## Human Motion Tracking

### Statement of the Problem

By tracking the motion of body segments, a complete understanding of the kinematics and kinetics of the motion can be obtained. Traditional methods for doing this rely on tracking markers placed on the skin over bony landmarks of the segments. The problem with such techniques is that the skin moves over the underlying bone, introducing inaccuracies and noise into the measured kinematics. It also limits the application to laboratory conditions, since the markers are tedious to apply and easily come adrift during, for example, sporting motions.

What we require, therefore, is a method to track the body segments themselves, rather than applying markers to the skin. This implies tracking the contour of the limb and fitting a three-dimensional model to the observed image.
### Deriving an image polygon

The first step is to use the video-image to derive an image polygon. This is done by simply scanning across the image (which has a black bacground) until a white pixel is found, then scanning across the limb until the other side is found (dark pixel):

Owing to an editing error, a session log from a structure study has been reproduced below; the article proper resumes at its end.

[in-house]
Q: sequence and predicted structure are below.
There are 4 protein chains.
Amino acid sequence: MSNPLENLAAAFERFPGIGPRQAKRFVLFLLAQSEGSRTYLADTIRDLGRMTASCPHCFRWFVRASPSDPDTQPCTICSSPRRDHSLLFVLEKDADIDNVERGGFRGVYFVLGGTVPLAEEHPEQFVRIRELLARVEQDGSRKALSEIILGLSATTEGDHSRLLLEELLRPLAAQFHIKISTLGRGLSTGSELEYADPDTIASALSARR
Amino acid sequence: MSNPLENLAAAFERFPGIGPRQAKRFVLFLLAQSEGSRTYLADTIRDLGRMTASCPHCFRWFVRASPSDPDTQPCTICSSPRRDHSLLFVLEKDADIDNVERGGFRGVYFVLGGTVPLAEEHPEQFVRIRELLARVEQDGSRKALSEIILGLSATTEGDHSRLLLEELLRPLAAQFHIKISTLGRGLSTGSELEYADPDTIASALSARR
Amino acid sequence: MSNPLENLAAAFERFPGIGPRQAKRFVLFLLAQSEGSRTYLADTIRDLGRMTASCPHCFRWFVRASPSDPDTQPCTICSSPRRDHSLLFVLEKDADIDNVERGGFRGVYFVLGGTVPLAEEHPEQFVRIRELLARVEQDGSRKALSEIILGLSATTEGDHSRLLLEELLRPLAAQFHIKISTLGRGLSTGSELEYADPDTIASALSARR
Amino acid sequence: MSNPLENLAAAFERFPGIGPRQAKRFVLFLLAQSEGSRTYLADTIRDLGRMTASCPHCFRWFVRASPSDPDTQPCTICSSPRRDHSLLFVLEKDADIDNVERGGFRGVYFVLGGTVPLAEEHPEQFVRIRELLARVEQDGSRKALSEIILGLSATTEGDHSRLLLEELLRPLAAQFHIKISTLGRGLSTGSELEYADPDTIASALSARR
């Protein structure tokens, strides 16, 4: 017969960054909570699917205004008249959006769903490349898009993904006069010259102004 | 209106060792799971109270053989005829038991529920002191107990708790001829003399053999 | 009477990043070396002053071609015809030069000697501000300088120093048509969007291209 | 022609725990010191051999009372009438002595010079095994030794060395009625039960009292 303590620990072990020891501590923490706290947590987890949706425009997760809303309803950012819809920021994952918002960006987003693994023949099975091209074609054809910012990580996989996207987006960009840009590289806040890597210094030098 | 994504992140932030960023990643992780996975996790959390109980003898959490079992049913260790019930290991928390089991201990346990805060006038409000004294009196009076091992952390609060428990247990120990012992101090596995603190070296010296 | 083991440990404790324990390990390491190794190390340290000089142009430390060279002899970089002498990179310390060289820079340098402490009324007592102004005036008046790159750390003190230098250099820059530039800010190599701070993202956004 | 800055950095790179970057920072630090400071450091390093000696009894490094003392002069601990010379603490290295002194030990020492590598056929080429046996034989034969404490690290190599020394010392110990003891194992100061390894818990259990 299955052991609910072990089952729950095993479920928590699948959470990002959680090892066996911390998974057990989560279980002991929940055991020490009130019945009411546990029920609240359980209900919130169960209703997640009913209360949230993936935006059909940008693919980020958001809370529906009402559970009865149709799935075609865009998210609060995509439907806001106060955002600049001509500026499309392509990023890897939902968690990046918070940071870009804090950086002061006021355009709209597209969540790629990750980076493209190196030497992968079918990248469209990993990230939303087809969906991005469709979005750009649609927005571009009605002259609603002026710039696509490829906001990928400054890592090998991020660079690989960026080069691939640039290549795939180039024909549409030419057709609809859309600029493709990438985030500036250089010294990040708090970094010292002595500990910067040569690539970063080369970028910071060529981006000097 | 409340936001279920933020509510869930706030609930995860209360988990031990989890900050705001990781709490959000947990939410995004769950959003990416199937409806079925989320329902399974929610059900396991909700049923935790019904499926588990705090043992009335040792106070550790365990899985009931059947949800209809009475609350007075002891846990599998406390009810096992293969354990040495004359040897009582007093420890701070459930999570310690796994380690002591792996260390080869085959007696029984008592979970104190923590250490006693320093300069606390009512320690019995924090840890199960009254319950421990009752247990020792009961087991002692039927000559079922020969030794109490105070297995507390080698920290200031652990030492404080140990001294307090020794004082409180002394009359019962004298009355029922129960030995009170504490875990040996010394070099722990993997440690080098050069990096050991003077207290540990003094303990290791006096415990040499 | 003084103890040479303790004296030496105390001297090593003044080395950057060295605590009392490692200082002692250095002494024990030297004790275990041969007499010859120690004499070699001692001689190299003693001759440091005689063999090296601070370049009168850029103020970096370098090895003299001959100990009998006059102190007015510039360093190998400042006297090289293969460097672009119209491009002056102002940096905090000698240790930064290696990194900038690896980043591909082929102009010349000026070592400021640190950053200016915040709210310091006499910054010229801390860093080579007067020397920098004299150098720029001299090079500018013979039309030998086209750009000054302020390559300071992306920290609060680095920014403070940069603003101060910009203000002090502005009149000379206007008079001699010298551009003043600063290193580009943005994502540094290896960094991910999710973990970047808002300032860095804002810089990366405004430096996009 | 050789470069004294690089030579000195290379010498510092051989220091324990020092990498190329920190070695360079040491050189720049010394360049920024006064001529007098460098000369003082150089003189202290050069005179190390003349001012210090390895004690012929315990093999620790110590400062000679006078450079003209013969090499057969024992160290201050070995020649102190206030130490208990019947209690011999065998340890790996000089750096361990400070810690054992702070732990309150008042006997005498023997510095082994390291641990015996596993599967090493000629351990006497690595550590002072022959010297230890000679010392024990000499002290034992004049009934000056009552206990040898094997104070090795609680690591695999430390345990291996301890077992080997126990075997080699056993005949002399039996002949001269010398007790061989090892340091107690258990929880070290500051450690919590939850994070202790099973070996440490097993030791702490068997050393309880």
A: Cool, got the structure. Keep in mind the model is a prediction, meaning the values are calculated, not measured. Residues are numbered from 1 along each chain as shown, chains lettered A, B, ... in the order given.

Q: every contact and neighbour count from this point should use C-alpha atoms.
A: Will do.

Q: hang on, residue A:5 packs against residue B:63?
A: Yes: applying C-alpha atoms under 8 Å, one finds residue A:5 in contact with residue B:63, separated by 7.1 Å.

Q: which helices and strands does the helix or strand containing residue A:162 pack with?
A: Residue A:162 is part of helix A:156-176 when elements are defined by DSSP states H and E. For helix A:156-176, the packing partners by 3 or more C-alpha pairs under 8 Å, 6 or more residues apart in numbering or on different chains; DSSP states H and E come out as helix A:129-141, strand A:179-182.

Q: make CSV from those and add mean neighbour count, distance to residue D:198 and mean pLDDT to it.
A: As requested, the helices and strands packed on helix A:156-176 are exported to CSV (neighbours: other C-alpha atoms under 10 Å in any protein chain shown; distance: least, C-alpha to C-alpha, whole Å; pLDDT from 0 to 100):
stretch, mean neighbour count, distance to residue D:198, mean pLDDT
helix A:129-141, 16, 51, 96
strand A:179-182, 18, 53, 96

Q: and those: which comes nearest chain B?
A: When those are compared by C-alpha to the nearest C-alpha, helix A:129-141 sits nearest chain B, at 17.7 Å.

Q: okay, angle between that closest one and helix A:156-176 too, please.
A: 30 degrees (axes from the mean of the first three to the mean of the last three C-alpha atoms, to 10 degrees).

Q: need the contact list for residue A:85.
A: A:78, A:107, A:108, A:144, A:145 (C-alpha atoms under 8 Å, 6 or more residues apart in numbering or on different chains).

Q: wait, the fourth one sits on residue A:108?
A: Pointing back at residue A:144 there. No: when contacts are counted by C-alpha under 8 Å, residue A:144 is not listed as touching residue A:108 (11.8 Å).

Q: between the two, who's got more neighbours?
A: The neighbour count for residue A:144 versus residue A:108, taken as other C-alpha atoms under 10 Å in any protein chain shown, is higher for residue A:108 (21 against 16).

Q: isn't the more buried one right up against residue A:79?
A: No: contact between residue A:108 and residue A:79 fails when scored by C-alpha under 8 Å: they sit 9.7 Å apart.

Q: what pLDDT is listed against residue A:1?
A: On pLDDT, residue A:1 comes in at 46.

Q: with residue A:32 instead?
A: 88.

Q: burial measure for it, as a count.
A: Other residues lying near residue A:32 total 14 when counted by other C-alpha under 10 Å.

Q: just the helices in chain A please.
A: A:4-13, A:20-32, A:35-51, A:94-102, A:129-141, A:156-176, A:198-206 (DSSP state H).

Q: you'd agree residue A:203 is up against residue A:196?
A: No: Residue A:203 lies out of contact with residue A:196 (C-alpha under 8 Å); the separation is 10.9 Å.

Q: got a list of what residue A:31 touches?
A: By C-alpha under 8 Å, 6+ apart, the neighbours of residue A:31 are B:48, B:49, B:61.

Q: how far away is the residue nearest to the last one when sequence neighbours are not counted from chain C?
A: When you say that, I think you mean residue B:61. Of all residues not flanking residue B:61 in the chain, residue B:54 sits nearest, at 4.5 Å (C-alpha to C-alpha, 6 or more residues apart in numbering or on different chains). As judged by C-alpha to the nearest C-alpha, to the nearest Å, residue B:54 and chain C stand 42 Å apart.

Image...........-> Image template from threshold scan ....... -> Image polygon

Then we derive a model template (Goncalves, Bernardo, Ursella & Perona, 1996) constructed from 10 ellipsoids strung back to back, the radii of which are defined by an anthropometry-measuring system (Baca, 1996).

The parameters of this model (the sagittal, frontal and transverse plane angles) are set arbitrarily at first. This model polygon has a total (N) of 80 points, which more than likely is not the same as the number in the image polygon (n). So the number of points in the image is made equal by resampling it at N/n.
### Matching the model and image polygons

Now the model parameters are iteratively modified until it fits closely with the image polygon. This is done by first finding a best least-squares fit of the start position of the model (which most closely matches to the image), then measuring the distance between each pair of points in each of the two polygons. The model parameters are then varied according to whether this fit is better or worse than the previous.

Like to know more, or criticise my methods? Email me! kirtley@cua.edu